Saturday, April 12, 2014

Call for Submissions on infertility and miscarriage (updated)

This is an update of a post that originally appeared here:

I'm editing a book for Kalos Press on infertility and miscarriage, and we're seeking submissions. If you're a Christian writer who has experienced either infertility or miscarriage, and are interested in submitting an essay for consideration, please see the call for submissions here.

And to give you an idea of where we're coming from editorially, here's a bit from the introduction-to-be:
This isn’t a book that offers solutions – there are plenty of experts for that. Nor is this a book that expounds theological explanations for pain and loss – that necessary job is already well done elsewhere.
What this book offers is simpler, and more primary: it offers companionship. No one loss is like any other, yet sharing our losses can offer, if not true solace, at least the comfort of knowing there is someone else there beside you in the dark, someone who understands. We hope that in sharing these stories you will gain the words and phrase to better frame, to better comprehend, to better share, your own story.
ETA: Deadline: Submissions are due by June 1, 2014.

Format: Each piece should be written as a personal essay of 1500-2500 words. While non-fiction, please use a narrative, story-telling style that draws the reader into the piece.

Further notes on format, from the Kalos website:
The book will be devotional/Christian Reflection in style and may be written in a first-person point of view. This project will address the topics from all stages: the early lost, confused, hurt parts; the boiling anger that comes; the moments of joy in the midst that surprise us; the exhaustion and apathy that some deal with; the redemptive work of God in and through impossibly hard times; etc.
We are also interested to see submitters address things they know now that they wish someone could have shared with them. Our goal is to provide a resource for people who are struggling; it won't necessarily make anyone feel better or always offer counsel/advice, but it could assuage some of the sense of isolation. We want to offer a literary companion to others on the sometimes-lonely path that these issues require.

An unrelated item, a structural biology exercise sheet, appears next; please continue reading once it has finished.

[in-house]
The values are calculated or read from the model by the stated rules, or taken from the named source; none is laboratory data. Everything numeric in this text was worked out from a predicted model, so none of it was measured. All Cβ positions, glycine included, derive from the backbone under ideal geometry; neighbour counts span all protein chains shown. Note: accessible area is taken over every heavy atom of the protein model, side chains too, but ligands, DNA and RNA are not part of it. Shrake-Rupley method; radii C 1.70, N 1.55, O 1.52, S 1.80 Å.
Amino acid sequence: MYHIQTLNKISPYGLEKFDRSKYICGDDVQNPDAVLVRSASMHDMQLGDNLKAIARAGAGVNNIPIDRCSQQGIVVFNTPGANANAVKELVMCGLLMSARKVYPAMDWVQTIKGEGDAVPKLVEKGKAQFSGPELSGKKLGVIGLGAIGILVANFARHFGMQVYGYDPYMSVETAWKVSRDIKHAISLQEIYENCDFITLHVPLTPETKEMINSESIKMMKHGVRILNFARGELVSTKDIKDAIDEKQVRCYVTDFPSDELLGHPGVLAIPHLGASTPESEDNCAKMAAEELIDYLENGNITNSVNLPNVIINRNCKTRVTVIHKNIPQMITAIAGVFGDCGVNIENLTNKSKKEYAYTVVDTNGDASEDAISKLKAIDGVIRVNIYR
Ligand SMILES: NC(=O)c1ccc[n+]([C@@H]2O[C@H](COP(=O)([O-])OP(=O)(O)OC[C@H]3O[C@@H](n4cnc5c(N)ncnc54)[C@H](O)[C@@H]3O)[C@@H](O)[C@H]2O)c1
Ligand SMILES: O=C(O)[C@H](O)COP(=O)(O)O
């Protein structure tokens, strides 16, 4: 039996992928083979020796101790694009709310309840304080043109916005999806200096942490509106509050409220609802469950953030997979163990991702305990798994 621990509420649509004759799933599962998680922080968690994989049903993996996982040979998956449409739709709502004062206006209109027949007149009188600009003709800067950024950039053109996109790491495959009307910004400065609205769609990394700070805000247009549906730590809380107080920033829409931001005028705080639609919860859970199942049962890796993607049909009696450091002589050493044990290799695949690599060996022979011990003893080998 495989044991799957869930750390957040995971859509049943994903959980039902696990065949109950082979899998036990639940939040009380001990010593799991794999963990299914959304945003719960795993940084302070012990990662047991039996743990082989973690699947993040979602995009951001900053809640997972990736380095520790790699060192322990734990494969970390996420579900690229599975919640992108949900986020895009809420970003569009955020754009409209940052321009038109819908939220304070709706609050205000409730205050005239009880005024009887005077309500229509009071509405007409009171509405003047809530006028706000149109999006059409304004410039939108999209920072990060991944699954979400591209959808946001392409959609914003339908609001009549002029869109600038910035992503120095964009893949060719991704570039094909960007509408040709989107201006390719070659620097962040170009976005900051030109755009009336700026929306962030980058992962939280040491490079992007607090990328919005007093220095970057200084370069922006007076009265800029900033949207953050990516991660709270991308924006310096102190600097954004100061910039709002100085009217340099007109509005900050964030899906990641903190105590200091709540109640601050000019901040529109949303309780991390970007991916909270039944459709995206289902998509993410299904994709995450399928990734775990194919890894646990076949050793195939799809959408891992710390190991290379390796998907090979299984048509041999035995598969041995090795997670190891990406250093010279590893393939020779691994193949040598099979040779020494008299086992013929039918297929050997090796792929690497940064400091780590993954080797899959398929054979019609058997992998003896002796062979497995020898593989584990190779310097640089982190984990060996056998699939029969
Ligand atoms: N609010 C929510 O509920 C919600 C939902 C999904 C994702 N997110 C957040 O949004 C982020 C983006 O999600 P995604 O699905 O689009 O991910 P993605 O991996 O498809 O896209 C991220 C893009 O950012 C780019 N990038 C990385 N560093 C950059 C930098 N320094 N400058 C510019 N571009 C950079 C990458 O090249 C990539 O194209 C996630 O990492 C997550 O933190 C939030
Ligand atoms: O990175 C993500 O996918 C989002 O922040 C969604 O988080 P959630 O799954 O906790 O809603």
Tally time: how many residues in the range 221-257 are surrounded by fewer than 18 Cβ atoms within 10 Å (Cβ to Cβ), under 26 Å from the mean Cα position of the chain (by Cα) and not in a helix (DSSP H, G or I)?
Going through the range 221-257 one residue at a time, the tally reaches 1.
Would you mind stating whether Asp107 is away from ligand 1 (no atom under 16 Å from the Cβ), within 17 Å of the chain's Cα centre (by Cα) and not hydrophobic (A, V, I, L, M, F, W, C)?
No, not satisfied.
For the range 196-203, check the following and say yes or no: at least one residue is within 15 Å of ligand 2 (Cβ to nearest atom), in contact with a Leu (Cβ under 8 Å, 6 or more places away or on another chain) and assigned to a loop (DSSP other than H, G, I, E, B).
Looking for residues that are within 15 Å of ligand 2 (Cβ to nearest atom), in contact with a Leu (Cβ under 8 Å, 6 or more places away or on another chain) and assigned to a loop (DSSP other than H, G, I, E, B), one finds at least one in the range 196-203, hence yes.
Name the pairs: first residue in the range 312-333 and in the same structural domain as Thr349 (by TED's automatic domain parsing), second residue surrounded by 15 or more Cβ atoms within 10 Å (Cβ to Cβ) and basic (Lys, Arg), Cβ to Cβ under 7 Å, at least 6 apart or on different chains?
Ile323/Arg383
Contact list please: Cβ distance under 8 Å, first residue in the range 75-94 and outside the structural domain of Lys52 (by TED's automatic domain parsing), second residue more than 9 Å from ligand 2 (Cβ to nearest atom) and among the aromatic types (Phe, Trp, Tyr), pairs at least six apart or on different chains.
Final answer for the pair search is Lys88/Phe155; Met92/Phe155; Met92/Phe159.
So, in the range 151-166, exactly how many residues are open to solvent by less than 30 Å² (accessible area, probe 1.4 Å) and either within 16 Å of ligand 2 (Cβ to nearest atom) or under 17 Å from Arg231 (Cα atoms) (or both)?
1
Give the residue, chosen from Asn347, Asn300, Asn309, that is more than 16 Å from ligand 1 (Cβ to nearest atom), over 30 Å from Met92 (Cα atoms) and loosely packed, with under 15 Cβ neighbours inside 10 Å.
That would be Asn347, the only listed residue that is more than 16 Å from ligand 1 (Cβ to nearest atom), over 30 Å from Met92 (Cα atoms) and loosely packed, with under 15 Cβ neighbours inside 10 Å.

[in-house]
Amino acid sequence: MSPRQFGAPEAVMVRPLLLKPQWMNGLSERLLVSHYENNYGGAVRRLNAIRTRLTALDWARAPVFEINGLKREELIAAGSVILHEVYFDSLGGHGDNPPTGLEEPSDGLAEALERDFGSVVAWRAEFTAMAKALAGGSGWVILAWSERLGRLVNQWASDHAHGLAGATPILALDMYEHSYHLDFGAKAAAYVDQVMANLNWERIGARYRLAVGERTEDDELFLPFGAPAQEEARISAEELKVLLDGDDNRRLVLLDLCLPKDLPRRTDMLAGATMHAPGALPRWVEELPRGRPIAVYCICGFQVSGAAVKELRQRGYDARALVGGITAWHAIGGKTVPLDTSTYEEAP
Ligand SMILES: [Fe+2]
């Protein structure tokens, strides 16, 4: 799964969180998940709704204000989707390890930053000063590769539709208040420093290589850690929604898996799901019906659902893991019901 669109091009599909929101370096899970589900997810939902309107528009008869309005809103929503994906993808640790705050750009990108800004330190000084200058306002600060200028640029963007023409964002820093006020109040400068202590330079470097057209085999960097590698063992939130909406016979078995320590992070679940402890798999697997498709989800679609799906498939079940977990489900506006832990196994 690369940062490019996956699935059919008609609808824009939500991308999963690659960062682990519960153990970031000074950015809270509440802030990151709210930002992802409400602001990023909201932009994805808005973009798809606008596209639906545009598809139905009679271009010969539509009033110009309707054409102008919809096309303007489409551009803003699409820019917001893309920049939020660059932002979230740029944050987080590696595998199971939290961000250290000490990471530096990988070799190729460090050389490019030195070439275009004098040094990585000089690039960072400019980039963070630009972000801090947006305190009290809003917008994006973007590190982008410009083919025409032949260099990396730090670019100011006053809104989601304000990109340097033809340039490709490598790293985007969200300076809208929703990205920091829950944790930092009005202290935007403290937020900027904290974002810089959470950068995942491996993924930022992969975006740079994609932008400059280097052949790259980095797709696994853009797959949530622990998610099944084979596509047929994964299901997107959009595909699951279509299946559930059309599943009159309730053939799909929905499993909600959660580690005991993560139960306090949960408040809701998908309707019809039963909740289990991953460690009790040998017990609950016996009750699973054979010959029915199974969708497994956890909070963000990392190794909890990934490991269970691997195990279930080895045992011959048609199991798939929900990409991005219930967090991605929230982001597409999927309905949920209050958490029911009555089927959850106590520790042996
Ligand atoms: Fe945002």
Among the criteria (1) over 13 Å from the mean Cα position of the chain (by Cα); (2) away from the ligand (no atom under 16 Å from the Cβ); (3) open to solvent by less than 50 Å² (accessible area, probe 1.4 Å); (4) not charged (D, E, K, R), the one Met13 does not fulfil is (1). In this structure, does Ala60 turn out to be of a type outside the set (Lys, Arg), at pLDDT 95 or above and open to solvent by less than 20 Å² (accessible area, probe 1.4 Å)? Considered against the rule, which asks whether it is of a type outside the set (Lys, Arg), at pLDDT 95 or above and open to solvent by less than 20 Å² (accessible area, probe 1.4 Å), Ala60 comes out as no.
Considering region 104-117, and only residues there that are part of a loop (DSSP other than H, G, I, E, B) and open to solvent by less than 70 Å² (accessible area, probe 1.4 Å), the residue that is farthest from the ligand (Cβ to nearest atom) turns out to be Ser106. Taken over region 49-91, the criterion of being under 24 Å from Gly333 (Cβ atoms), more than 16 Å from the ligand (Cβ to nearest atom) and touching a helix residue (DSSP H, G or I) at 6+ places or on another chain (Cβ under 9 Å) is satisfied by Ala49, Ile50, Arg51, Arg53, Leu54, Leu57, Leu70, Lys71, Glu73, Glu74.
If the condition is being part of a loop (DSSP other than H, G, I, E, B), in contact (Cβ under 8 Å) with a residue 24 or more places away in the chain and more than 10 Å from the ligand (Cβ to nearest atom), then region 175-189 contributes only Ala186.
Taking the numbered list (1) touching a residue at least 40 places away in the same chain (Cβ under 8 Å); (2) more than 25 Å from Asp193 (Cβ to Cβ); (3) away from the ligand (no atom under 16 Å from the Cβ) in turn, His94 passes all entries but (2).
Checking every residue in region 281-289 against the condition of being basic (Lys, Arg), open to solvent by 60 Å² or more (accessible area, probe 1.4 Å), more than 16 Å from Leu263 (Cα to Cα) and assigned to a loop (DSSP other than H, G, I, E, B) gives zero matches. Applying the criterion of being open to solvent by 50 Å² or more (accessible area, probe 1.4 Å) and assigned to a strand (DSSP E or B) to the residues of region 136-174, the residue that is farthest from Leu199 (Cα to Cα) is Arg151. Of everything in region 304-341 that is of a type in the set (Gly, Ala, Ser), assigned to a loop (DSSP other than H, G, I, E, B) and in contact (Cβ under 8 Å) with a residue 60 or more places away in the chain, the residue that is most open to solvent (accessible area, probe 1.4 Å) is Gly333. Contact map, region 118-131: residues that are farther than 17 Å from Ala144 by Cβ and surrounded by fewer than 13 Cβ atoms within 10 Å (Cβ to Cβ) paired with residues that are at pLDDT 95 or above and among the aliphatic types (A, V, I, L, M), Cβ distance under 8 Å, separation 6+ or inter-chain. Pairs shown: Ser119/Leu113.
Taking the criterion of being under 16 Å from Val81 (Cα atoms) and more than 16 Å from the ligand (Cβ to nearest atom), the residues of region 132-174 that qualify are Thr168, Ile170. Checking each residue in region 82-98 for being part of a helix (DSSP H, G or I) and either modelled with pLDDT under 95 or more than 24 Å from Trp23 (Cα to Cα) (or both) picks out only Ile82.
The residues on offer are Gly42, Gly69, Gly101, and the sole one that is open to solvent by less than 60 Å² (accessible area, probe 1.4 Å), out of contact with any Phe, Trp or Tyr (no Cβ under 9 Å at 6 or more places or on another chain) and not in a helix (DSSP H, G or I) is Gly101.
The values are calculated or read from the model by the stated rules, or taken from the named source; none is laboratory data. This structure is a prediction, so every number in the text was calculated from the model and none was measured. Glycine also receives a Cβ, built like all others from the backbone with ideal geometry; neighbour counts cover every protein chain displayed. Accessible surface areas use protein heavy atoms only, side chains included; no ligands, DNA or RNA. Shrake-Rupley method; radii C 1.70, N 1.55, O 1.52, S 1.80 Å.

If you're interested in submitting a piece to the project, please take a look at the link, and feel free to contact me with any questions.


Peace of Christ to you,
Jessica Snell


Rebecca Olson said...

I'm curious if there is a reason that these two topics are being lumped together. From my (granted, limited) experience, it seems like two rather different topics.

Michelle @ Liturgical Time said...

Your question is a reasonable one. As a woman with infertility though, I can say that through the years, I have found that I have a special place in my heart for women who have experienced miscarriage. Both experiences are the loss of hope for an anticipated future -- the loss of a dream.

Jessica Snell said...

Thanks for the question, Rebecca. I think Michelle answered it better than I could: they're both real types of loss that occur as people chase the same desire - that of having children. You are right that they are often dealt with separately. I don't know what kind of synchronicity will emerge by placing these types of stories side-by-side with each other, but I'm guessing there will be some.